Swordfish move north into Canadian waters CBC News

Canadian scientists and anglers are tracking the northward movement of swordfish in Newfoundland waters, where the prized fish are being caught in large numbers on Grand Bank and Flemish Cap.

What no one knows is whether this is the result of ocean warming or a cyclical – and temporary – phenomenon.

“It's still unclear if this is becoming the new normal due to climate change, or if biomass will eventually revert back to the way we think it has historically,” said Fisheries and Oceans Canada biologist Kyle Gillespie.

Nine hundred tons of swordfish arrived in Canada last year. Almost a third of the swordfish were taken off Newfoundland, where longline fishing boats from Nova Scotia have been following baited hooks for most of the summer.

Gillespie said that's a rapid change from the previous decade, when the entire Canadian catch was concentrated on the Scotian Shelf and along Georges Bank in southern Nova Scotia.

“What's particularly interesting about analyzing the data from Newfoundland is that for every thousand hooks, we're seeing a lot of fish, and they're larger,” said Gillespie, who is based at the St. Andrews Biological Station. NB

Swordfish are less prone to decay

The shift in distribution coincided with the collapse of the harpoon fishery off southern Nova Scotia over the past three years.

Between 2011 and 2020, harpoon gear accounted for an average of about nine percent of Canada's catch. Harpooners rely on the fact that swordfish usually surface during the day.

One question is whether they become less sluggish due to warmer temperatures below the surface.

Industry veteran Troy Atkinson said the swordfish were caught off Newfoundland 20 years ago and may have been under everyone's noses all that time.

Could swordfish have been here the whole time?

“We suspect the fish have always been in the Grand Banks, but it just didn't make economic sense to make the four-day trip and the extra expense when you could be fishing closer to home,” said Atkinson, president of the Nova Scotia Swordfishers Association.

But he also wonders if it's permanent.

“If we continue to reduce access to George [Bank] And increased landings on the Grand Banks over the next five years and it's not coming back, then we'll know,” he said.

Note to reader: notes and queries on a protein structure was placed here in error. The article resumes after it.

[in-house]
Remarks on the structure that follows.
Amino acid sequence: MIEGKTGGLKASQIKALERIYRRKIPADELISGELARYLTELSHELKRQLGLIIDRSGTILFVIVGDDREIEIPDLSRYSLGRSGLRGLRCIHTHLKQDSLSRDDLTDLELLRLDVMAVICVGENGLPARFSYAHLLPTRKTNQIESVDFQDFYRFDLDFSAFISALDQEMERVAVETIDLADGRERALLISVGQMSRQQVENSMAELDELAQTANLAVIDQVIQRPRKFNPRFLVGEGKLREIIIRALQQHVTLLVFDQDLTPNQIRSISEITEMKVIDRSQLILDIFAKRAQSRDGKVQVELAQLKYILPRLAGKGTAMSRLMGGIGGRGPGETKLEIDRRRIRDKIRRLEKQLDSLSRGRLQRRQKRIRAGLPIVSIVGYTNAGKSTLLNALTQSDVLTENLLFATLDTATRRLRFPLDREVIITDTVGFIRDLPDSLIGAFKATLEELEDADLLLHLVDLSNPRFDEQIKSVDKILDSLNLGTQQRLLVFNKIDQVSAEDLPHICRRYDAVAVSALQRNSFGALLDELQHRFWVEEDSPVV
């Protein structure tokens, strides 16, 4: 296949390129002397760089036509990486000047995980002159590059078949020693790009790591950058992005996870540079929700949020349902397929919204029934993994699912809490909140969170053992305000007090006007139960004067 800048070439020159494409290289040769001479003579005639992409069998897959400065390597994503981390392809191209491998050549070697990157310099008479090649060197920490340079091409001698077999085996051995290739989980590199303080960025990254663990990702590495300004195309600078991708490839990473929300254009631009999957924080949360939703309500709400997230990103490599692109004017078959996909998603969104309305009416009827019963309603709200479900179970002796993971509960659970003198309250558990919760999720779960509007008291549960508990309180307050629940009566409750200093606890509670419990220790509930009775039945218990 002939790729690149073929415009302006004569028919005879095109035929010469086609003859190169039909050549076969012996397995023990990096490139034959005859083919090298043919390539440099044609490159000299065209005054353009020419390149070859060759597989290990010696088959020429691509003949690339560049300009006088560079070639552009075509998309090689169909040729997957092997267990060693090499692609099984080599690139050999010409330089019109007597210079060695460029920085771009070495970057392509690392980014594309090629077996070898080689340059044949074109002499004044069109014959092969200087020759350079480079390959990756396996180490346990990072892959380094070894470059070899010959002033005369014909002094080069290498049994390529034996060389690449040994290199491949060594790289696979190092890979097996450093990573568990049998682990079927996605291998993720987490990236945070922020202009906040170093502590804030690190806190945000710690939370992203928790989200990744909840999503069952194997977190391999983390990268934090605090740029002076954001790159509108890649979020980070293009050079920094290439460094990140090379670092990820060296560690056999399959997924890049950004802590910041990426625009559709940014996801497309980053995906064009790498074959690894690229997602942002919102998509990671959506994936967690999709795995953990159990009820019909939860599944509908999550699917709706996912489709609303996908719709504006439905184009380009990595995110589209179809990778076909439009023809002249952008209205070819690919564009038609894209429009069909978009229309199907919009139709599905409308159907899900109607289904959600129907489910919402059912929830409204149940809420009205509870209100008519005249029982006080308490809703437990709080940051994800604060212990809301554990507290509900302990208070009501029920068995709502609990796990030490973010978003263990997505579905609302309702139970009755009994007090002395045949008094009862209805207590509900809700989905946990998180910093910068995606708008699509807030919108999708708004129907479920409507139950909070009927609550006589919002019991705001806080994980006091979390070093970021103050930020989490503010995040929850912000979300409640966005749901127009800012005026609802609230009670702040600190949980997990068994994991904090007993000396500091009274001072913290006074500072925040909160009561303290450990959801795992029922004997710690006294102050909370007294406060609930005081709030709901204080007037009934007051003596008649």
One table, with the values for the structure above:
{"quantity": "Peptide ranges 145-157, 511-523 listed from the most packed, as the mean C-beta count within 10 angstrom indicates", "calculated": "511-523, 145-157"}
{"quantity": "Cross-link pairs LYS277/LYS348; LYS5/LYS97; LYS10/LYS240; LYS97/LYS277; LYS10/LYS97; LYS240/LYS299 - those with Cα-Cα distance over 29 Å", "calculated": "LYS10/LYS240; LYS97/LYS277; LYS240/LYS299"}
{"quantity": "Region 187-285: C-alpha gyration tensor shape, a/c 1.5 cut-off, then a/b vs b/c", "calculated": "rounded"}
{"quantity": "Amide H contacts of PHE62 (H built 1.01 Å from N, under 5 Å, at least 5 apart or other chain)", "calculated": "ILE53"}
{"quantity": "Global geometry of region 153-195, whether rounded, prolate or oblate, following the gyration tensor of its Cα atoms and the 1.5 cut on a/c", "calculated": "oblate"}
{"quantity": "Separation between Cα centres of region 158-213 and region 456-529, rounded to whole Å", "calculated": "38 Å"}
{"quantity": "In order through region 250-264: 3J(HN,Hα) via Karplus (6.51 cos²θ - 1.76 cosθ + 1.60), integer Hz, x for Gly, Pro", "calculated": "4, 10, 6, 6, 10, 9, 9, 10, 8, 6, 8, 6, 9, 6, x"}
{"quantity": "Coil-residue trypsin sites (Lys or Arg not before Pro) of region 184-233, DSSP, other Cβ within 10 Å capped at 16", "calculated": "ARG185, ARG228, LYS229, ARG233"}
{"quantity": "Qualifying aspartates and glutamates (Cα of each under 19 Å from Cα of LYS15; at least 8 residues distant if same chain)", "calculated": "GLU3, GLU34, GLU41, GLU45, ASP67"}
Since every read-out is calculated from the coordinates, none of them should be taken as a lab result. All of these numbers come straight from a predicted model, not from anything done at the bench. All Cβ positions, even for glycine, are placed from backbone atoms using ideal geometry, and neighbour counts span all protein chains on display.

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Swordfish follow the Gulf Stream to Canada and feed on squid and other fish in the more productive cold water immediately adjacent to the warmer Gulf Stream.

Kyle Gillespie and fellow Fisheries and Oceans scientist Alex Hanke want to know if the change in their distribution is related to changes in the temperature gradient or changes in the movement of the Gulf Stream.

Pop-up satellite tags

It may also be associated with prey that DFO does not track as much as other species.

“It's likely a combination of water temperature and other environmental and predator factors,” Gillespie said.

To track their movements, Gillespie planned to attach satellite tags to a dozen swordfish during a September 2023 trip to Browns Bank and Georges Bank, off southern Nova Scotia.

But they didn't see any in the areas where the harpoons were hot spots six or seven years ago.

The areas that used to be like clockwork when and where swordfish would come to the surface are gone,” he said.

After the movement of the swordfish

The swordfish tagging operation in Newfoundland will move to 2024.

Satellite tags contain sensors that detect location, dive patterns and water temperature.

When retrieved, they will allow researchers to track movement over a year and compare it to oceanographic conditions.

Information that can be used to develop models of swordfish habitat suitability across ocean basins.

Gillespie is working with the US National Oceanic and Atmospheric Administration and the Portuguese Institute of the Sea and Atmospheric Institute to develop and validate such a model.

Catch rate data

Tags can also help provide answers to spearfishing.

“Have they changed migration routes and are no longer on the Scotian Shelf or further out to sea? To answer these questions we will need tagging patterns, dive patterns, water temperature and catch rate data from different fleets.” Gillespie said.